Special education schools are designed to educate children with behavioral, emotional, physical, or cognitive needs that can not be met in a general education classroom. These types of needs include, but aren't limited to, the following types of diagnoses or conditions. There is a wide variety of special education schools, some private and some public. They serve different types of populations and have different missions. Though these schools vary widely in their programs, they may share some of the following common features such as small class sizes. Most special education classes are very small in size, and many have a 12:1 or 6:1 student-to-teacher ratio. The smaller class sizes allow teachers to pay more attention to each student and to possibly care for children who need more intensive care than children in a general education classroom. The smaller class sizes are also beneficial for children with sensory integration disorder or who experience sensory overload in a traditional classroom. Such children may react strongly to loud noises, bright lights, too much commotion, or the noises of other children, making them anxious and generally unable to learn in a traditional classroom.  Many special education schools even have low-level light (no fluorescent bulbs, which are too bright) for children with sensory integration issues and are designed to be quiet, have small classrooms.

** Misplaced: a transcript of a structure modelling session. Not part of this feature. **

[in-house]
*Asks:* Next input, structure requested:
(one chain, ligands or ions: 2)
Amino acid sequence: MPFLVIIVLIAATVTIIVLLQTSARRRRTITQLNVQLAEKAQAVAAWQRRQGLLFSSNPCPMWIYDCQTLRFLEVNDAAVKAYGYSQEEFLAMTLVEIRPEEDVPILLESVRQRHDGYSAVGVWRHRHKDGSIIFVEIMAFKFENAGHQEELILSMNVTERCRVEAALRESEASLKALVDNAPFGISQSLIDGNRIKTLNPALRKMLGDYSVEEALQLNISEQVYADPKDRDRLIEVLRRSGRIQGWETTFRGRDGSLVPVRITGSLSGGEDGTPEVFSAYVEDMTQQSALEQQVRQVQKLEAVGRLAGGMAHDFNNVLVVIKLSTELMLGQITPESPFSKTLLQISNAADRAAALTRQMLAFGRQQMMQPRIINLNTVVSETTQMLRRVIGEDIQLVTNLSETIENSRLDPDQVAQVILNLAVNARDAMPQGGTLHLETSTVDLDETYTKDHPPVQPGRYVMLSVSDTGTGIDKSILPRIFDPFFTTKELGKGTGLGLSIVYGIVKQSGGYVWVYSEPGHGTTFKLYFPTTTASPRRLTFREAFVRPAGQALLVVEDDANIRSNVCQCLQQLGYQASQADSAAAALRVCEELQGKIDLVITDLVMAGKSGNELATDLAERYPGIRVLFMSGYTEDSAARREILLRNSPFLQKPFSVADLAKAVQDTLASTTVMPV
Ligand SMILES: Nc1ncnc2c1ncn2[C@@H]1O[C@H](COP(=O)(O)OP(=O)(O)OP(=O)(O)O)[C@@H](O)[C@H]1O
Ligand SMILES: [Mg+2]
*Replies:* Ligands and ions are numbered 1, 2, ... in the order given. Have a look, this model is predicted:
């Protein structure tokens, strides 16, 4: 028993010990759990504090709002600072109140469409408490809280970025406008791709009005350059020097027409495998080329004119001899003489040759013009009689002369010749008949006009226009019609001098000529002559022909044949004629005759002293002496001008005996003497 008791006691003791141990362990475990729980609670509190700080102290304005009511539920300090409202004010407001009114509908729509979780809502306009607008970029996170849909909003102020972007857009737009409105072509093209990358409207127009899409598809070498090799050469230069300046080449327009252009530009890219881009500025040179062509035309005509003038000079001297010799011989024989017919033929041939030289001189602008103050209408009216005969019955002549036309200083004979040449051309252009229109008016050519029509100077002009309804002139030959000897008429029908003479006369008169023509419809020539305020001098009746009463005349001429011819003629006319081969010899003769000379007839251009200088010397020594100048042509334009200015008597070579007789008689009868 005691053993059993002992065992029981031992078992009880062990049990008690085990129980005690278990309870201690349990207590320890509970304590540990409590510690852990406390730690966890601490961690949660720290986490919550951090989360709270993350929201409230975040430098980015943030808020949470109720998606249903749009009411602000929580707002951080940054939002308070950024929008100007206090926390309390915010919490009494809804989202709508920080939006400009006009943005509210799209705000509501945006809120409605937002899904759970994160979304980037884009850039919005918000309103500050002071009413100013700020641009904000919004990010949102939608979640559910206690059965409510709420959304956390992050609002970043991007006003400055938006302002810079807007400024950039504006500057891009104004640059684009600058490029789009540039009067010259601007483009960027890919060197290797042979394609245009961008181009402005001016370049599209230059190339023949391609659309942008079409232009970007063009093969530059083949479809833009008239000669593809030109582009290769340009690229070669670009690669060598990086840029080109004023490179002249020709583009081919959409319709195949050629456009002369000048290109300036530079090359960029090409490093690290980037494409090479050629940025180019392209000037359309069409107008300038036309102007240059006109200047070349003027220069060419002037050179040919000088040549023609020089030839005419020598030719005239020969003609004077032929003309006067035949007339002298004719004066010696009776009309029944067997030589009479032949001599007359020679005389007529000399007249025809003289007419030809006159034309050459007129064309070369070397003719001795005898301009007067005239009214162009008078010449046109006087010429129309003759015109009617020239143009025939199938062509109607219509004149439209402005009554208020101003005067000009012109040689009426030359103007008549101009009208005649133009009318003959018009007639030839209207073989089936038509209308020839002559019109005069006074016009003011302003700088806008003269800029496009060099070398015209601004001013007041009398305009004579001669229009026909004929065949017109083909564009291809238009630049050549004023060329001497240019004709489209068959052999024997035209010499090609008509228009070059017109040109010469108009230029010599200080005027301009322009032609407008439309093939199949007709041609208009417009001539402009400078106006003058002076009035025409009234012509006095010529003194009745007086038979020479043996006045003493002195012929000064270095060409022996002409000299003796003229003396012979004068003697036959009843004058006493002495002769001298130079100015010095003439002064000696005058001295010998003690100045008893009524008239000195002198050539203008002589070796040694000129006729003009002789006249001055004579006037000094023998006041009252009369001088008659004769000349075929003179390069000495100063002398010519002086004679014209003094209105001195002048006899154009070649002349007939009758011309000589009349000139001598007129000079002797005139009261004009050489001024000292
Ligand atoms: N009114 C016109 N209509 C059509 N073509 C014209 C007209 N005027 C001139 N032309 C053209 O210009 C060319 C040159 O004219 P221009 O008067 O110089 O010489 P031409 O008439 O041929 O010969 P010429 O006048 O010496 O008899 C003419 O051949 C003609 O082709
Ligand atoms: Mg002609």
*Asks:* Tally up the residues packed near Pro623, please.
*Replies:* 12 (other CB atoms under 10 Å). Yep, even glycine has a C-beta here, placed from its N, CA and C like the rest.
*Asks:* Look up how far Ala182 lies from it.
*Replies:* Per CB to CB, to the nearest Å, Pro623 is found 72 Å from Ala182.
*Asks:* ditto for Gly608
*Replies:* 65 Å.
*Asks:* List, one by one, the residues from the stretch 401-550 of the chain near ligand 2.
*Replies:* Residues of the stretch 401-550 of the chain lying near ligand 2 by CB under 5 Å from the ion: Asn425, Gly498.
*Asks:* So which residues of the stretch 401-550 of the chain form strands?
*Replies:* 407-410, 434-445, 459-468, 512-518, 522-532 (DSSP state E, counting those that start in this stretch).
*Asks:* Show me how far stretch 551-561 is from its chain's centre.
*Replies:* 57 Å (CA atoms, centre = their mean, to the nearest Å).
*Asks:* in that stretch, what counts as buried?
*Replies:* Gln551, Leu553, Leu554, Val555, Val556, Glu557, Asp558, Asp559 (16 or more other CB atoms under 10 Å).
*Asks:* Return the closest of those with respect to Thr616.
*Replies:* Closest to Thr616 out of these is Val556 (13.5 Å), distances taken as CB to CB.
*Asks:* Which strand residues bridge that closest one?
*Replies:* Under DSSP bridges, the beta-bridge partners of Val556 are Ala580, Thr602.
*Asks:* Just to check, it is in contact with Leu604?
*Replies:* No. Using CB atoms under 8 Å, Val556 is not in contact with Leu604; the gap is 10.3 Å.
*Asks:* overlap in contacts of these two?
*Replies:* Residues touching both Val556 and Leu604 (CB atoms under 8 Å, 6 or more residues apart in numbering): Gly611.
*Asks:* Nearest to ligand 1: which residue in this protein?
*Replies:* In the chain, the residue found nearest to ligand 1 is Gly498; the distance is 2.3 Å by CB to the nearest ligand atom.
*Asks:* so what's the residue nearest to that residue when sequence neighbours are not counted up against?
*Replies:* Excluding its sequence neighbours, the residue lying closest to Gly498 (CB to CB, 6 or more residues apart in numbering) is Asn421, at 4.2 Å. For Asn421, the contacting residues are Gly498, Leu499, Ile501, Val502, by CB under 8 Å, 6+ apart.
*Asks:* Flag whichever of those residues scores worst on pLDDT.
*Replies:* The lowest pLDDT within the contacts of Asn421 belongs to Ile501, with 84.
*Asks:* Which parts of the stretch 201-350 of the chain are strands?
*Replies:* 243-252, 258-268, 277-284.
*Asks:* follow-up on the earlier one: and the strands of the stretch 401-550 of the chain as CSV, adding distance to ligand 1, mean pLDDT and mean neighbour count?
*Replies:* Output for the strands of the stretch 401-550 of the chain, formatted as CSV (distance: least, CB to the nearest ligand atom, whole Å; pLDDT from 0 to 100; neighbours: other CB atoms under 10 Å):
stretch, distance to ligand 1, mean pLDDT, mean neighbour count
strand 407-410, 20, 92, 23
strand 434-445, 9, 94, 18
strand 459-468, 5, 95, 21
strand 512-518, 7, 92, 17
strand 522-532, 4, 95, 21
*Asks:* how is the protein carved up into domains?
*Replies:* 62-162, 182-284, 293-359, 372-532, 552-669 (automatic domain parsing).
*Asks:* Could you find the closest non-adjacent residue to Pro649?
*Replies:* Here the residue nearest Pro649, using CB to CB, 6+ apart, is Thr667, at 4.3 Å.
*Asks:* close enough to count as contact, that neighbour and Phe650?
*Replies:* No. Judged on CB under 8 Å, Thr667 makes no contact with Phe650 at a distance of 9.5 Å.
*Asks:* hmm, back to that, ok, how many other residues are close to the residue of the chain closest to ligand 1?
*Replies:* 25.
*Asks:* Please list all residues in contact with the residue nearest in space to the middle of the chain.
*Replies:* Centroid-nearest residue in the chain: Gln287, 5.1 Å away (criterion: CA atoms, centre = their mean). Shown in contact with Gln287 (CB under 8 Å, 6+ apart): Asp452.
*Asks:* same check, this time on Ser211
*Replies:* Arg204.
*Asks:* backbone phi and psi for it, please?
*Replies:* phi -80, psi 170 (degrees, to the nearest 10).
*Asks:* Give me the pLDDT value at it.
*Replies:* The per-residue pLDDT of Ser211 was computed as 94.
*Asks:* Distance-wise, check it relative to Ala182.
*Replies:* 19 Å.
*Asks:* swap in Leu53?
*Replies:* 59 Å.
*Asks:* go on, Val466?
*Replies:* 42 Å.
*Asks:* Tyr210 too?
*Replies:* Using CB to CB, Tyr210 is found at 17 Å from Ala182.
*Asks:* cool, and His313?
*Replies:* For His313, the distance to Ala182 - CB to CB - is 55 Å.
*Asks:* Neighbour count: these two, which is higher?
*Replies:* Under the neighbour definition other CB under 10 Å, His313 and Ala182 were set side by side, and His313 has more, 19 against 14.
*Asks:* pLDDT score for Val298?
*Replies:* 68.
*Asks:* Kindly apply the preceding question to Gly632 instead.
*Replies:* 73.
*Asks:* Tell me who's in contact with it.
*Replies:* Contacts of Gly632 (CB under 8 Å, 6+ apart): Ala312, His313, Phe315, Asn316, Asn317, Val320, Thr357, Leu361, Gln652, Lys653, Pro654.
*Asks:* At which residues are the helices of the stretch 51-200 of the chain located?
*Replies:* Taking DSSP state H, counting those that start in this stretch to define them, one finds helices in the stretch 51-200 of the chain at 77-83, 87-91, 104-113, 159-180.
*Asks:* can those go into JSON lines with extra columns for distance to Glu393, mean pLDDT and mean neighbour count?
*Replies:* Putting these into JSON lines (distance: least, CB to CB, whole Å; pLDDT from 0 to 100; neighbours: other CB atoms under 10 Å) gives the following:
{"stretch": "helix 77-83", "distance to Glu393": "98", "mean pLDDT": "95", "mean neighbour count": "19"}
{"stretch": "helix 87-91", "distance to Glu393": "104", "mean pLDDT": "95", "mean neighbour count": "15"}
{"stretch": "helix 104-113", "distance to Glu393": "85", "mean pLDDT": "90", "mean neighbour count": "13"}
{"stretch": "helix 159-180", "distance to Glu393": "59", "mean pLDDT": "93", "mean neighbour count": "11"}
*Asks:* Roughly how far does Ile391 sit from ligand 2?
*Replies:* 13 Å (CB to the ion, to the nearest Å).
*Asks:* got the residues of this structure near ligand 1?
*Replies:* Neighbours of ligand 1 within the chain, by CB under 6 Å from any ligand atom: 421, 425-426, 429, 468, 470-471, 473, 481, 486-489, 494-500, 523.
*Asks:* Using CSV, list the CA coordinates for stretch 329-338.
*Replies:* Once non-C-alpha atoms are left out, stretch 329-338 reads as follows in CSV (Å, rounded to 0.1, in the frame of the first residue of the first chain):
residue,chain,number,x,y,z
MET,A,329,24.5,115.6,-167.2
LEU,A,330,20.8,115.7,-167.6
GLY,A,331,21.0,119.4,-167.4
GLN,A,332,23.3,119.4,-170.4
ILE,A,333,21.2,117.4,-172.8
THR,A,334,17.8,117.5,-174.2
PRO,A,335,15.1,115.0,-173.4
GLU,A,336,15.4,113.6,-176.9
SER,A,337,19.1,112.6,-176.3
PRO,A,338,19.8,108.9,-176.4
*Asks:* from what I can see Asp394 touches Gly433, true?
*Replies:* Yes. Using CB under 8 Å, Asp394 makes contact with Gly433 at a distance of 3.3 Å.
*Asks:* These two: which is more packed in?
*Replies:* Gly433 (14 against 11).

Students with special needs

The teachers at special education schools are trained to help children with specific issues or disorders. The school may have other specialists on staff in addition to this. These specialists may work with your child, in addition to the classroom teachers, to help your child express himself better or more clearly, process and express his emotions, and integrate his incoming sensory information. The general classroom education may be combined with break-out sessions in which the child visits specialists, or the specialists may work with children in the classroom. Special education schools often make changes in the standard curriculum, or they offer accommodations or students with learning or other issues. For example, certain students may be exempt from taking state-mandated tests, particularly at private special education schools. They may also change classes such as physical education to concentrate less on learning sports and more on accommodating children with physical disabilities. Adaptive physical education classes can also help children with disabilities develop their physical strength and coordination. Special education schools offer students techniques to help remediate, or improve, their learning issues.  Schools geared towards students with dyslexia often offer strategies such as Orton-Gilingham techniques for example. Orton-Gillingham uses a multi-sensory approach to teach children how to read and write; so, for example, while the children are learning letters, they also write them in sand or shaving cream or construct them out of blocks. This multisensory approach is just one of the many ways in which children with reading issues can be helped. The remediation offered at schools depends on the specific problems of the students; for example, students with social skills deficits often receive social-skills training to help them understand their own emotions and how to interact with other children and with adults.